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Organ transplant programs continue despite pandemic

May 20, 2020
transplant surgery at Strong Memorial HospitalSurgeons in the organ transplant program at Strong Memorial Hospital have continued to perform transplants during the coronavirus pandemic. (University of Rochester photo)

What thoughts cross the mind of a patient awaiting a heart transplant during a pandemic? “Let’s go for it.”

Frank Rosinski waited nine months for the phone call that came at 7 p.m. on April 27 from the University of Rochester’s Strong Memorial Hospital.

Ninety minutes later, the Greece resident arrived at the hospital, and the following day received the heart transplant that has given him a new lease on life.

Greece resident Frank Rosinski received a heart transplant this spring, giving him what he calls a new lease on life. (University of Rochester photo)

Rosinski, 69, says he had no trepidations about entering the hospital in the midst of the COVID-19 pandemic.

“This was my first and perhaps only opportunity,” he says. “I had been waiting a long time for this.” His only thought: “Let’s go for it.”

The retired Canandaigua City School District administrator spoke this week from home, where he’s recovering well and looking forward to resuming the outdoor activities he had to forgo the last two years.

A milestone amid a pandemic

Though most elective surgeries were suspended at Strong Memorial Hospital nine weeks ago because of the pandemic, surgeons there have performed a number of organ transplant procedures—17 liver, 8 kidney, and 3 heart—during that time. The numbers included a milestone 1,800th liver transplant since the hospital began doing the procedure in 1992.

“Patients who are on waiting lists for organ donations don’t have the luxury of time,” says Sunil Prasad, chief of cardiac surgery at Strong. “They have only a certain amount of time before their organs fail to the point of no return.”

The social distancing that has succeeded in slowing the spread of the disease—and helped prevent Strong from being overwhelmed with COVID-19 patients—has further increased the time before the disease will run its course, says Prasad, the Dr. Jude S. Sauer Family Distinguished Professorship in Cardiac Surgery. That success has reinforced the need to continue transplants for the sickest patients

Roberto Hernandez-Alejandro, chief of solid organ transplant surgery at Strong, says the hospital has taken a “cautious” approach in prioritizing which patients should receive transplants. Initially, for example, the hospital put a hold on all liver and kidney transplants involving living donors until it became clear Strong could manage COVID-19 patients and still have sufficient COVID-free areas to ensure the safety of both organ donors and recipients.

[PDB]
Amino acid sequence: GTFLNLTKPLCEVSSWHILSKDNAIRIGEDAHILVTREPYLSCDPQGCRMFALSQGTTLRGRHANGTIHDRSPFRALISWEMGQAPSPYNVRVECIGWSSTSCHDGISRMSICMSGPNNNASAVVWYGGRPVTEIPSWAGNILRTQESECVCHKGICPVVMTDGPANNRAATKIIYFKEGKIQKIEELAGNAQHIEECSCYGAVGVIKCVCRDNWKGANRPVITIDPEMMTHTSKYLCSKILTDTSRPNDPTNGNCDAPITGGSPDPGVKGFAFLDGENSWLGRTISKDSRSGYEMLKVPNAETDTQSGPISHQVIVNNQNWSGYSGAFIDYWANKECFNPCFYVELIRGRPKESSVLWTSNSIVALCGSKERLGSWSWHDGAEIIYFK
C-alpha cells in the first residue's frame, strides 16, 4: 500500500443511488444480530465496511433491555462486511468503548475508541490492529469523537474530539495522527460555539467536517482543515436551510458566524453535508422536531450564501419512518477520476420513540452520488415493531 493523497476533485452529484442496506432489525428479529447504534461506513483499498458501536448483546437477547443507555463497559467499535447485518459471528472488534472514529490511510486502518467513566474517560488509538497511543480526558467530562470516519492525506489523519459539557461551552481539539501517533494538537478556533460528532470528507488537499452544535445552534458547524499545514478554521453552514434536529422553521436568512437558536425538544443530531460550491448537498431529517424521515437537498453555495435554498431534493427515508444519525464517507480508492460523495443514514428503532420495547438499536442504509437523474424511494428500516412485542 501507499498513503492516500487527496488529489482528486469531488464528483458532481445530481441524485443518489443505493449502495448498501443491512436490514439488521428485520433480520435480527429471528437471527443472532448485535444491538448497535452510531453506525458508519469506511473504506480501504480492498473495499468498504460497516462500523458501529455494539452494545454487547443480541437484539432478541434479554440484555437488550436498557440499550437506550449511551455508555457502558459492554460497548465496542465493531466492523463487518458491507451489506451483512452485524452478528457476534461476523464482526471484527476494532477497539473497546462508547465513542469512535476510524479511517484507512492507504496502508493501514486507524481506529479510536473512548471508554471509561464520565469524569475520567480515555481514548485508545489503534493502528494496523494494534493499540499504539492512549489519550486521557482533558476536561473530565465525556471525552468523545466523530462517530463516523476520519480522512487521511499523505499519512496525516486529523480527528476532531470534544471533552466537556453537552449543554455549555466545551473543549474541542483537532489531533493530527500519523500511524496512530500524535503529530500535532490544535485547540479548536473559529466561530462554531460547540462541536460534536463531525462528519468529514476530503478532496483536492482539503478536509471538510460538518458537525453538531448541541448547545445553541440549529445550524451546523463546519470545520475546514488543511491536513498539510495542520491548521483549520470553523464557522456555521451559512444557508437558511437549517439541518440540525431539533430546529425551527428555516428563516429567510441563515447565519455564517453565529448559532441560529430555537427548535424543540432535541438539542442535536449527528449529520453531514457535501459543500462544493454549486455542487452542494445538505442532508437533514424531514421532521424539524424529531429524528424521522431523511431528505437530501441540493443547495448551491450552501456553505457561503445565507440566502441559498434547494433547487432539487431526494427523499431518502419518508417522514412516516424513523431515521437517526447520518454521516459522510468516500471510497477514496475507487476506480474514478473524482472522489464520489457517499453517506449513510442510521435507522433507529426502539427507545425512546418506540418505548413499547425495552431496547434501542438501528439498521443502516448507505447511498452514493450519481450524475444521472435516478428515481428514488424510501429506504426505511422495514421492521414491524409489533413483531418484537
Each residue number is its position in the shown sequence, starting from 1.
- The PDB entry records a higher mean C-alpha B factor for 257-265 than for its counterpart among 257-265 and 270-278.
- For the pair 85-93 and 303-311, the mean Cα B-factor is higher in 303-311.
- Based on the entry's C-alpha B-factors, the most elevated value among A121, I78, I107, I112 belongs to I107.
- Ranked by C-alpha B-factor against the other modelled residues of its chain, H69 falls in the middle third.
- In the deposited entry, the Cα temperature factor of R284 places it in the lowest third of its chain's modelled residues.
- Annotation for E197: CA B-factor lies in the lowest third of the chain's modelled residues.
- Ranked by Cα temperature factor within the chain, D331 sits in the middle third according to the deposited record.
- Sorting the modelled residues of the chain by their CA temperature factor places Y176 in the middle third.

Last week, the hospital performed its first live-donor kidney transplant in nine weeks, with a second on Tuesday, and expects to resume live-donor liver transplants in June, Hernandez says. The hospital is now in the process of resuming other elective surgeries as well.

Numerous precautions are being taken to ensure safety for all patients, Hernandez says.

  • Every employee of Strong Memorial Hospital and the Medical Center is screened daily for COVID symptoms before arriving for work.
  • Wearing of masks and social distancing are strictly enforced.
  • All patients must first test negative for COVID-19 before going to the operating room.

“Personally, I feel more comfortable and safe being in the hospital, than being out shopping or trying to buy coffee in a shop,” Hernandez-Alejandro says.

Prasad concurs. “The hospital is probably the safest place to be in the COVID era because everybody is screened,” he says.

Though family members are still restricted from visiting at the hospital, Hernandez-Alejandro says, “we’ve been working very hard with patients and family members, providing (online) video chats and constantly communicating with family members.”

Rely on experts, not self-diagnosis

Rosinski remembers all too clearly when his battle began: February 13, 2018. “I was not feeling well, whatsoever,” he says.

“I was having a hard time walking. Stubborn as I am, I drove myself and my wife to (Unity) hospital, got out of the car, and had a hard time walking the 20 feet into the emergency room.”

During the next eight hours, he “coded” three times, and by 5 p.m. was at Strong, where a device was implanted to stabilize his heart. Strong is a leader in heart failure and the use of the high-tech pumps, known as left ventricular assist devices.

During his 39-day hospitalization, Rosinksi’s heart stopped three more times and recovery was slow.

“I had to relearn how to read, write, talk, and walk,” Rosinski says. “I felt like a total invalid. But with the good care that Strong provided me, and with all the rehab, I was able to walk out of the hospital.”

And now, with his new heart, he’s concentrating on getting through the first critical six months with flying colors, by adhering to a medication regimen—five times daily—making sure he follows a healthy diet, and getting plenty of exercise.

Prasad shares the concern of surgeons nationwide that many people are dying of heart attacks and strokes at home rather than risk coming to a hospital, out of fear of contracting COVID-19. “What we’ve found in Monroe County is that the mortality at home from those causes has gone up. So. it’s very important in the COVID period that patients who are sick still seek help,” he says.

Rosinski agrees. “People should at least call their primary care physicians and find out what’s going on, so they’re not trying to make their own diagnosis,” he says. “We may think we know a lot from the internet and reading medical journals, but we don’t know everything. Let’s rely on the experts we can count on to resolve issues as quickly as possible.

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